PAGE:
Jun 9, 2009
"Commodity" luxury hurting sector near-term
Jun 9, 2009
By Alexandria Sage
NEW YORK (Reuters) - Wealthy shoppers will expect discounts on luxury goods for the next few years, and savvy upscale brands will counter the pervading frugality through innovation such as better customer service or design, a luxury expert said on Tuesday 9 June.
"It will take a while for consumers to pay full price for product, or pay a higher price," said Milton Pedraza, founder and chief executive of the Luxury Institute, a research group geared to high net-worth consumers that provides luxury brands with proprietary research. "Two or three years," he said.
Beyond the global financial meltdown that has sapped the portfolios of many of the wealthy, the luxury sector itself is to blame for the sharp downturn in spending on pricey goods, due to the preponderance of brands selling a myriad of items that have diluted the cache of the notion of luxury, he said.
"There are too many brands participating in luxury handbags, there are too many brands participating in luxury ready-to-wear, luxury watches, luxury jewelry, and the service has been less than optimal, to put it nicely," Pedraza said at the Reuters Global Luxury Summit in New York.
With too many brands operating in categories outside their main strengths all competing for consumer dollars, shoppers have been trained to view luxury as a "commodity," he said. That is a shift in thinking with long-term consequences.
"We've now conditioned consumers to think of luxury as a commodity even more, to expect lower prices and to expect a discount, to be bribed into buying luxury, for the most part, and that's extremely negative for the long term," Pedraza said.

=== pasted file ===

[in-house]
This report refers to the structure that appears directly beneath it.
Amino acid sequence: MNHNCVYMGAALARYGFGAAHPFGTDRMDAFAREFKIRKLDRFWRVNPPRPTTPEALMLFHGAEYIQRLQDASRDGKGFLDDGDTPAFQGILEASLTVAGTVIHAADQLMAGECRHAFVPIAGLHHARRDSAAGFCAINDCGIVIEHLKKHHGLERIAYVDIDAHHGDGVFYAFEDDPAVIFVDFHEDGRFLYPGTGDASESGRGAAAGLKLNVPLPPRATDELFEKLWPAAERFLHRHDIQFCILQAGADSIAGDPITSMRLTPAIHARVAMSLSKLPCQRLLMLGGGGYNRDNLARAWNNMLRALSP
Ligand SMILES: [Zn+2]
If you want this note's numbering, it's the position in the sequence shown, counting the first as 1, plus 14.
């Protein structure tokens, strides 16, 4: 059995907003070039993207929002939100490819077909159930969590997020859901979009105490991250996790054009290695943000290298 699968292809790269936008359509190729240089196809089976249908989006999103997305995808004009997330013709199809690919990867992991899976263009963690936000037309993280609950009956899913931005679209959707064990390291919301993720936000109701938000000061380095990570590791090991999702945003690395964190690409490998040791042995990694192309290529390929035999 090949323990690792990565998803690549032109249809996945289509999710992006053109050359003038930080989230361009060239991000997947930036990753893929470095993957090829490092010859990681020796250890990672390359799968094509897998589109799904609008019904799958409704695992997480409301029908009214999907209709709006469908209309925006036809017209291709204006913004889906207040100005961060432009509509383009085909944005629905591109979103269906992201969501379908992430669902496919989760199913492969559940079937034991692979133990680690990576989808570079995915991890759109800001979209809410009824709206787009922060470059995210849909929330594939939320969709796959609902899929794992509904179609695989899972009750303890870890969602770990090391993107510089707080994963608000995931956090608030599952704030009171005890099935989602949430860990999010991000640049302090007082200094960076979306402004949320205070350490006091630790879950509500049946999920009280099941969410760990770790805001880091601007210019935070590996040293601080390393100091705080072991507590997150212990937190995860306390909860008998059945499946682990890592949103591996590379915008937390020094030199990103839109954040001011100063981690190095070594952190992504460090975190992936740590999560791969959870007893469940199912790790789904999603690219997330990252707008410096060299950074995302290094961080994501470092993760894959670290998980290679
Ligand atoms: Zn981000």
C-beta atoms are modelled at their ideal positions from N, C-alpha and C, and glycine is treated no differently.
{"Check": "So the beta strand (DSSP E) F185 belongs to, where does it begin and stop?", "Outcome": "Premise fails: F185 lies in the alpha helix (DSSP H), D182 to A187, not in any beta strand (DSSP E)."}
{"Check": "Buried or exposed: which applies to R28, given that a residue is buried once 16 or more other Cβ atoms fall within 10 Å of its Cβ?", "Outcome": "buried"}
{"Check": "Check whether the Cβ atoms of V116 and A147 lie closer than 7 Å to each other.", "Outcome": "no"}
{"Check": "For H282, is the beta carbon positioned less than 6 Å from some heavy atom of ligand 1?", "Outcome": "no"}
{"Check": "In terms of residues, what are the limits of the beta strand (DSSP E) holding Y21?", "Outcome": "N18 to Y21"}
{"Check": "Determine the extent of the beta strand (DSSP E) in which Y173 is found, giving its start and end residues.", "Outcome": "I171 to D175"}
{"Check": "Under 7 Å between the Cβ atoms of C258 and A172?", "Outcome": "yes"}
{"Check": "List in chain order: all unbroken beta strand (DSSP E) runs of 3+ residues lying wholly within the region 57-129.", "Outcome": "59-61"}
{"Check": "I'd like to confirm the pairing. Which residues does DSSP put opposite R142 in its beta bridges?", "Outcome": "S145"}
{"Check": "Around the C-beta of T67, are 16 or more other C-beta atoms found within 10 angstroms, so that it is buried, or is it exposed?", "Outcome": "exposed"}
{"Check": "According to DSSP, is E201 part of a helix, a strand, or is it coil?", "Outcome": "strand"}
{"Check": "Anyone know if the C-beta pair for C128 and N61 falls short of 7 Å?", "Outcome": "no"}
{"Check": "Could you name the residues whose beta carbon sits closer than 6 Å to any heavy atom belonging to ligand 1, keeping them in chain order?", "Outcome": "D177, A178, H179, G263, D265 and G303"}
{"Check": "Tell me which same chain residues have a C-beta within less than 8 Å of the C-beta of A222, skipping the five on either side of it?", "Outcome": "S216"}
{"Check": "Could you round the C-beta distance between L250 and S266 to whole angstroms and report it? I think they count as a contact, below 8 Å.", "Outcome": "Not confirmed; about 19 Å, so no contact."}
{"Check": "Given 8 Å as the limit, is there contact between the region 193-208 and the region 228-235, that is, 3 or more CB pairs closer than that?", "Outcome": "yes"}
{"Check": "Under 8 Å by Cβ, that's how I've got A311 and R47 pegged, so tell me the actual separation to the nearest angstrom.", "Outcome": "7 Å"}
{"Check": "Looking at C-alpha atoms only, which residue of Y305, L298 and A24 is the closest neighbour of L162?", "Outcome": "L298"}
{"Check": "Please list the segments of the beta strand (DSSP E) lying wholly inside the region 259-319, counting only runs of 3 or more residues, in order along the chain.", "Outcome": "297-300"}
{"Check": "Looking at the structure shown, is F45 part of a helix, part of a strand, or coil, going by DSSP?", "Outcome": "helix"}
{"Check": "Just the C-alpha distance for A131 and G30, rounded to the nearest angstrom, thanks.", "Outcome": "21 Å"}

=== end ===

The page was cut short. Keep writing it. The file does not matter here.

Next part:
That means that smaller, under-capitalized luxury brands will go out of business or be sold, unable to withstand the prolonged slide in sales, Pedraza said, citing the recent acquisition of bag maker Lambertson Truex by Tiffany & Co (TIF.N).
On the other end of the spectrum, stronger brands with a greater tradition of craftsmanship and quality will rise above the fray as the wealthy seek out "specialist" brands known for excellence in one particular category, whether Chanel for women's suits or Hermes (HRMS.PA) for handbags, he said.
"It depends what categories you're really an expert in and what categories are just hobbies," he said, noting that sales of fine watches from Chanel or Louis Vuitton have suffered somewhat due to their "lack of credibility" in the market.
Smart brands will innovate to stay ahead in the challenging market through design -- updating classic brands with new twists -- as well as the ways they run their businesses, Pedraza said.
Luxury companies, historically slow to use data to help them track and retain customers, are now starting to appreciate its importance, with the downturn serving as a "catalyst," Pedraza said. Another avenue of innovation is improved customer service, he added.
"The mental models they have are really Victorian Age and Industrial Revolution business models, whether it's leadership and leadership development or whether it's the way they run their business more on efficiency rather than effectiveness," Pedraza said.
"I'm amazed by how many luxury brands, and I can't mention any, will call me and tell me, 'We don't know who our customer is today,'" he added.
Companies acutely aware of their customer base through their innovations in digital initiatives include audio and video equipment maker Bang & Olufsen (BOb.CO) and Swiss watch maker IWC Schaffhausen, which has a community of thousands of watch collectors who communicate through the brand's website, Pedraza said.
(Reporting by Alexandria Sage; Editing by Phil Berlowitz)
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